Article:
If you are using 1968 and try swirling it around you will never really get it to break up, no matter how vigorously you swirl. You will only get the slow flocculating cells and can end up with a beer that takes forever or never fully clears. It has happened to me. It's better to take a spoon and scoop it out.

Quote:
Originally Posted by Glynn View Post
The point of washing is to separate all the junk and dead yeast from the good yeast.
True, but if you filter out the break when adding the wort to primary and reuse your yeast quickly after fermentation has ended, neither of those are issues.

The single most important factor when reusing yeast is the age.
__________________

Peep my nanobrewery: http://crookedrunbrewing.com

Crooked Run Brewing: Traditional ales, local ingredients

rexbanner is offline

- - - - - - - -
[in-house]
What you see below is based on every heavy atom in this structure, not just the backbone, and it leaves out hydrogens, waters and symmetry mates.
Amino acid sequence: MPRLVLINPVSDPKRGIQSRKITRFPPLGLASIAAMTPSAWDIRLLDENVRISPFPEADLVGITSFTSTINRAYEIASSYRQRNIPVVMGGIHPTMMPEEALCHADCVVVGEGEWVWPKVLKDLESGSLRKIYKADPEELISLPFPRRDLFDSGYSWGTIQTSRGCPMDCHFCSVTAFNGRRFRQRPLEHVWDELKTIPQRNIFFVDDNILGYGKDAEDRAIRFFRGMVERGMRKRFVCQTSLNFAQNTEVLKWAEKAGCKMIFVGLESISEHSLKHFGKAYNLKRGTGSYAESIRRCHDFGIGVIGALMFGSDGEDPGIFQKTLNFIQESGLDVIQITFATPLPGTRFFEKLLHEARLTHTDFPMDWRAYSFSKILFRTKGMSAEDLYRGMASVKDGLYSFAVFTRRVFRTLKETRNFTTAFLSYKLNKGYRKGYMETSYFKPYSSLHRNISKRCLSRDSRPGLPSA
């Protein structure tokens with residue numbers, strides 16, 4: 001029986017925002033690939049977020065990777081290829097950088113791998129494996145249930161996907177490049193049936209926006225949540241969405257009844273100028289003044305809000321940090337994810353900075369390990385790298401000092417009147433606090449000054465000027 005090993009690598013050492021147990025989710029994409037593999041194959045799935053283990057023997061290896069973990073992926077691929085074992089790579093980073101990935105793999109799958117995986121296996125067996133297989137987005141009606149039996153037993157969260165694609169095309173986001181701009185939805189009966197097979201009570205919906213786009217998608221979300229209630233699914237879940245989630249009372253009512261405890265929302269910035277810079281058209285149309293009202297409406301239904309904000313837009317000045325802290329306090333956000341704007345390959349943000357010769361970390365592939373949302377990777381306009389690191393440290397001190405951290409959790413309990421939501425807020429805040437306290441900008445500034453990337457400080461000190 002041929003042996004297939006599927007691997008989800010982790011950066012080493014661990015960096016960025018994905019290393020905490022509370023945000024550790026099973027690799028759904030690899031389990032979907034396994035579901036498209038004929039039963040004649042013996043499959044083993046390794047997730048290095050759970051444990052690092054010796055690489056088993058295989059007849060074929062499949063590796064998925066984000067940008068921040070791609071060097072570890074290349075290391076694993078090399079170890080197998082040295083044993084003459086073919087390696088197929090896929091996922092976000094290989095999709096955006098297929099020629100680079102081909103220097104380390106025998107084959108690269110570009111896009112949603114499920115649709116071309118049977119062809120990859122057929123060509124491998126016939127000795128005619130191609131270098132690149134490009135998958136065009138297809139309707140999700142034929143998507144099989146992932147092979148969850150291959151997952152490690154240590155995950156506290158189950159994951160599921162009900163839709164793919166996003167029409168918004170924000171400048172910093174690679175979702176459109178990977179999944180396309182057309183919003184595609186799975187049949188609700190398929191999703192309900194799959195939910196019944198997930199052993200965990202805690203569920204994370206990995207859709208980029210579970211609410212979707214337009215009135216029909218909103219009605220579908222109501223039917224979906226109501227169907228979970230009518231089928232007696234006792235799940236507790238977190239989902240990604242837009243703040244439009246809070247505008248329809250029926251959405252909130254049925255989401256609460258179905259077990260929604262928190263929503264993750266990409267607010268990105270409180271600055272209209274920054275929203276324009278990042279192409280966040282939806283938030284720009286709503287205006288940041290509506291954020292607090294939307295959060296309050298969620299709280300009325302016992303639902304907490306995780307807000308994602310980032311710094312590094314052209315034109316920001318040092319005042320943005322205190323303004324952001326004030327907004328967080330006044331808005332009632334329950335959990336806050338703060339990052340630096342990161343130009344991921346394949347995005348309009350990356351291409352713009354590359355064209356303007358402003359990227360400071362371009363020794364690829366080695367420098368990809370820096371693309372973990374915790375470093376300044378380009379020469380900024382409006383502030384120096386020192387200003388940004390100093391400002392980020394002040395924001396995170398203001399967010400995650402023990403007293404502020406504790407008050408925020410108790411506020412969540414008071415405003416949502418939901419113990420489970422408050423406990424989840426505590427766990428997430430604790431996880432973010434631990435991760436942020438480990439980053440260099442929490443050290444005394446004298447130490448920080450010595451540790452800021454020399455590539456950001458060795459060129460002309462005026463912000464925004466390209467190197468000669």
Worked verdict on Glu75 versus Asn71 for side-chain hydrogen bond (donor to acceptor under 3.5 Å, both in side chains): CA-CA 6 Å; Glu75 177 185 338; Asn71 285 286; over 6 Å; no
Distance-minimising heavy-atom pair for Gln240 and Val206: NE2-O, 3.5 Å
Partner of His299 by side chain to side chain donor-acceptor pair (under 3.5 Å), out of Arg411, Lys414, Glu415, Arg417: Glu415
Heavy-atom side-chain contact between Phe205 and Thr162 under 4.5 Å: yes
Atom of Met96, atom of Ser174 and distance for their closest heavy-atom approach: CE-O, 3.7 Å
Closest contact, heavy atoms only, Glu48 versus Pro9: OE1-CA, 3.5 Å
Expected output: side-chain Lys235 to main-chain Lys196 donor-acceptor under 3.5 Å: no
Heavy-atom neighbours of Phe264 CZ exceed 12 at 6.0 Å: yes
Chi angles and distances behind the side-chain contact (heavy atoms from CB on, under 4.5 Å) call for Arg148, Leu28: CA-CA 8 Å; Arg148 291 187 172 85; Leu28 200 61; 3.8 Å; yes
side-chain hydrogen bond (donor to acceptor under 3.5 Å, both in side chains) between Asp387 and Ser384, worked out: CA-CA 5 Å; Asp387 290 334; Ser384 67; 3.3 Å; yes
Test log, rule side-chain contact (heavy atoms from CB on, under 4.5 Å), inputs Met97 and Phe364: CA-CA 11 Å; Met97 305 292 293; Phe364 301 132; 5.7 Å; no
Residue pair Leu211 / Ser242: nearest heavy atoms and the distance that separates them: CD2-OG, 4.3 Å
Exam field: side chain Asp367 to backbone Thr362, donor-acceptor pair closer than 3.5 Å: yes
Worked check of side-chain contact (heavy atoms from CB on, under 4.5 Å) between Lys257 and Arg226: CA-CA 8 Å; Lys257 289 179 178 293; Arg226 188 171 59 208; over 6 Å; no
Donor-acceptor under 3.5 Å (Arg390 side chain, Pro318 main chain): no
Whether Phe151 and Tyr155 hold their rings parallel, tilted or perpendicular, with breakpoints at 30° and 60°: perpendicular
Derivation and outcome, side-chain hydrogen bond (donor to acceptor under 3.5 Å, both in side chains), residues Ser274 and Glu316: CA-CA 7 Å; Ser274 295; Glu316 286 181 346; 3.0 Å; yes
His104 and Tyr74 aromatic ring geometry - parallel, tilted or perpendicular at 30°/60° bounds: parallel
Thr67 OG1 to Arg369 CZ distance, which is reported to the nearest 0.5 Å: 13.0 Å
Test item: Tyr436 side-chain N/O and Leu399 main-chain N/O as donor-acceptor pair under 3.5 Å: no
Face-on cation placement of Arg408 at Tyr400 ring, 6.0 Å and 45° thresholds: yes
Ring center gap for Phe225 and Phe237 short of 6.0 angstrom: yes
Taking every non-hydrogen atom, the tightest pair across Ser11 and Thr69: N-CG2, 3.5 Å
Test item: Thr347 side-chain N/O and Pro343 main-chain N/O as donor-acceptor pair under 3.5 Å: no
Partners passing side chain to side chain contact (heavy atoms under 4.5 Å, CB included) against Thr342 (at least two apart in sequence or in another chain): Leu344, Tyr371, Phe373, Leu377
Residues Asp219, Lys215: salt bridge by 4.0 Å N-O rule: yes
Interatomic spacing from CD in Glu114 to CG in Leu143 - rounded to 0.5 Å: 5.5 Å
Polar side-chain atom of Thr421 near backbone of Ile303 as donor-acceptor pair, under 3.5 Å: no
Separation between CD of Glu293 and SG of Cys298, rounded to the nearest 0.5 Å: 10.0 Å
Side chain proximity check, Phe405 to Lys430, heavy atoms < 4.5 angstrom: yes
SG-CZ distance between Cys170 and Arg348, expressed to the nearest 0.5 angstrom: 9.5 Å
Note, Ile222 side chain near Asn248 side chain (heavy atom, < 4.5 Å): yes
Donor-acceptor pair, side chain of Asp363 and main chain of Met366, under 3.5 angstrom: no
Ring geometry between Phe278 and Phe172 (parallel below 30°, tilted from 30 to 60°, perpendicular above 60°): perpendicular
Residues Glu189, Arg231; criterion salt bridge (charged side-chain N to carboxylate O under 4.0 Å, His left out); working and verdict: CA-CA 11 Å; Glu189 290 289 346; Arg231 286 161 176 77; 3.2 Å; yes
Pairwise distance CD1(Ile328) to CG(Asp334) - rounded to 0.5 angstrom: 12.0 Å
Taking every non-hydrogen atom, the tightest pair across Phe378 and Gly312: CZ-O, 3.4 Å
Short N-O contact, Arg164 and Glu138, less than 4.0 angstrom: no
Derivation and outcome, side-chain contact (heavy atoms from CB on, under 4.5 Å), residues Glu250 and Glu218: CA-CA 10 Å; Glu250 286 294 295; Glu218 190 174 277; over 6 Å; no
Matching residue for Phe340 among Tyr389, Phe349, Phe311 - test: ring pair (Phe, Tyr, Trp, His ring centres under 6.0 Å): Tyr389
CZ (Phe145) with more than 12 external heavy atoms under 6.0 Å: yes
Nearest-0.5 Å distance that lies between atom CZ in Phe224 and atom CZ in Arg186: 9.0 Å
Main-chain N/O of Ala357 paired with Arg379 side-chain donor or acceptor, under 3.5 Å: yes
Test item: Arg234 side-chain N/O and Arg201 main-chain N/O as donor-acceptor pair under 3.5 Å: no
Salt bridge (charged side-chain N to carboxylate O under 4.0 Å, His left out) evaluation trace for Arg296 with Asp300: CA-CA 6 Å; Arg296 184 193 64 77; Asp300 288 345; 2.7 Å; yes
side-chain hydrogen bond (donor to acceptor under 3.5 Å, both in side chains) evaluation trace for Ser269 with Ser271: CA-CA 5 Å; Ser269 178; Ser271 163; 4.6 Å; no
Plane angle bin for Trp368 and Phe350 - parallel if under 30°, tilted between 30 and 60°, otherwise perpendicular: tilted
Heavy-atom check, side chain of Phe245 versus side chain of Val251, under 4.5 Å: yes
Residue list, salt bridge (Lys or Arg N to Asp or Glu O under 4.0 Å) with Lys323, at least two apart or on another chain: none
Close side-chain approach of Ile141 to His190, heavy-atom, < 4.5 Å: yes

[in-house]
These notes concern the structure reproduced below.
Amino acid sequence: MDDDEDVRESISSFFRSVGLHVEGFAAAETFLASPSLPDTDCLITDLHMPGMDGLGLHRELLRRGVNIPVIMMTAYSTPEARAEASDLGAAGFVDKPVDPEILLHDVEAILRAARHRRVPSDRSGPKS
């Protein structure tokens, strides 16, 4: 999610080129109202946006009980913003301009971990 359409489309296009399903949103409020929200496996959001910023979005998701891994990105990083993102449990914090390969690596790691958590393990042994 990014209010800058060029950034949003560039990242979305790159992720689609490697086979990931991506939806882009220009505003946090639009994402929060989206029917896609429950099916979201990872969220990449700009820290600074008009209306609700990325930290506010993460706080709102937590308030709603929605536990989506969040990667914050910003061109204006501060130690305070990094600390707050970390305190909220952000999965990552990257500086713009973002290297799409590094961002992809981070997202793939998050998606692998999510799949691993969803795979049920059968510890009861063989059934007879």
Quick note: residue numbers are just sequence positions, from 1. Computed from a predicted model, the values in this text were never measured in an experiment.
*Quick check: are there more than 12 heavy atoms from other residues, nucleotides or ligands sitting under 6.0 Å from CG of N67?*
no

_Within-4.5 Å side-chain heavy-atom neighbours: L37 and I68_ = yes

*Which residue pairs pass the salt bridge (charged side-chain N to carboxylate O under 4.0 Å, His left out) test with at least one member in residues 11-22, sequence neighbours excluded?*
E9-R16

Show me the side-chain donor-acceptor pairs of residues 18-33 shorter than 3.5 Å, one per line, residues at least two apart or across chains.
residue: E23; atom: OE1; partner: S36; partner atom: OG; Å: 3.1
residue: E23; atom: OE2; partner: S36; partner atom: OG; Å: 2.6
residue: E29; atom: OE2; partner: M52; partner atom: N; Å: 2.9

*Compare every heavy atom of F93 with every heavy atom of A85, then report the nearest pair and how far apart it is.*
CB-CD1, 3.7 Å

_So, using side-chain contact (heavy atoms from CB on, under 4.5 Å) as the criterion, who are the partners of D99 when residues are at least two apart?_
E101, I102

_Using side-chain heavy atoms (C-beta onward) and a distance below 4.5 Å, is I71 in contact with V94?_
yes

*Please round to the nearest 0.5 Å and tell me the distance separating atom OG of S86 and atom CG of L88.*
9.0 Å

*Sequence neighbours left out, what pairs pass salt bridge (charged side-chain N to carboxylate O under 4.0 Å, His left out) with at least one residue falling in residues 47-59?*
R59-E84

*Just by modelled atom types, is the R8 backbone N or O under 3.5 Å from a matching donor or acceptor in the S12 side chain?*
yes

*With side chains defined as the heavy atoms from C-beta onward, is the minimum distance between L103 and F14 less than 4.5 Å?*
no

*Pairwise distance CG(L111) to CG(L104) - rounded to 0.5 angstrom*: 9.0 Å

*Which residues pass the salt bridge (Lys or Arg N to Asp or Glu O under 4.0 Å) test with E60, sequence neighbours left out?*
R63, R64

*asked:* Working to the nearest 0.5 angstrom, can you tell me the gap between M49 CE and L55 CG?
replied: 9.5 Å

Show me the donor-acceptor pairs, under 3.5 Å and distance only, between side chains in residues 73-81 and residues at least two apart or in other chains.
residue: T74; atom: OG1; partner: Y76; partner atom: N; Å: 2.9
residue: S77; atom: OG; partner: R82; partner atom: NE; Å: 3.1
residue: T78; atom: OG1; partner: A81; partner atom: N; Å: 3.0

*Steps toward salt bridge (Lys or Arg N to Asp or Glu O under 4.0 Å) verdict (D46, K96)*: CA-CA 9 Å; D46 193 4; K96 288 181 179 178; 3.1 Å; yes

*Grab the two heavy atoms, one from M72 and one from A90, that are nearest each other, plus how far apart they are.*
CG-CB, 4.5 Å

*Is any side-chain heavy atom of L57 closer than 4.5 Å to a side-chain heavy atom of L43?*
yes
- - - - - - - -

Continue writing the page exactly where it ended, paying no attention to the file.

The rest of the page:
Reply With Quote Quick reply to this message
Old 07-12-2013, 03:42 PM   #20
smprince18
Feedback Score: 0 reviews
Recipes 
 
Join Date: Jan 2010
Location: boston
Posts: 6
Liked 8 Times on 2 Posts
Likes Given: 2

Default

Wouldn't the best way to keep a cell line be, to create a large starter let is settle a bit, decant as much liquid off the top, save some of this for next time in a soda preform and keep the rest to pitch in your wort, if you still need some extra cells, add a little wort back into the starter and stir for a day maybe less. This would keep the yeast as close to what the manufacture intended, little mutation do to PH, temp, or OH. Of course slants would be the best but that includes a lot of extra steps..

__________________
smprince18 is offline
 
Reply With Quote Quick reply to this message
Reply



Quick Reply
Message:
Options
Thread Tools


Similar Threads
Thread Thread Starter Forum Replies Last Post
wondering about yeast generations ukeedogs Fermentation & Yeast 2 06-03-2013 03:35 AM
Wondering Yeast use for Bread upperNY01brewer Fermentation & Yeast 3 11-04-2012 11:32 PM
wondering about yeast Gunfighter04 Fermentation & Yeast 4 02-20-2011 03:45 PM
Splitting Starter into 3 mini-washes? ghpeel Fermentation & Yeast 4 10-29-2010 06:36 PM
No time to wash yeast...just wondering.... pkincaid Fermentation & Yeast 5 10-06-2010 02:33 PM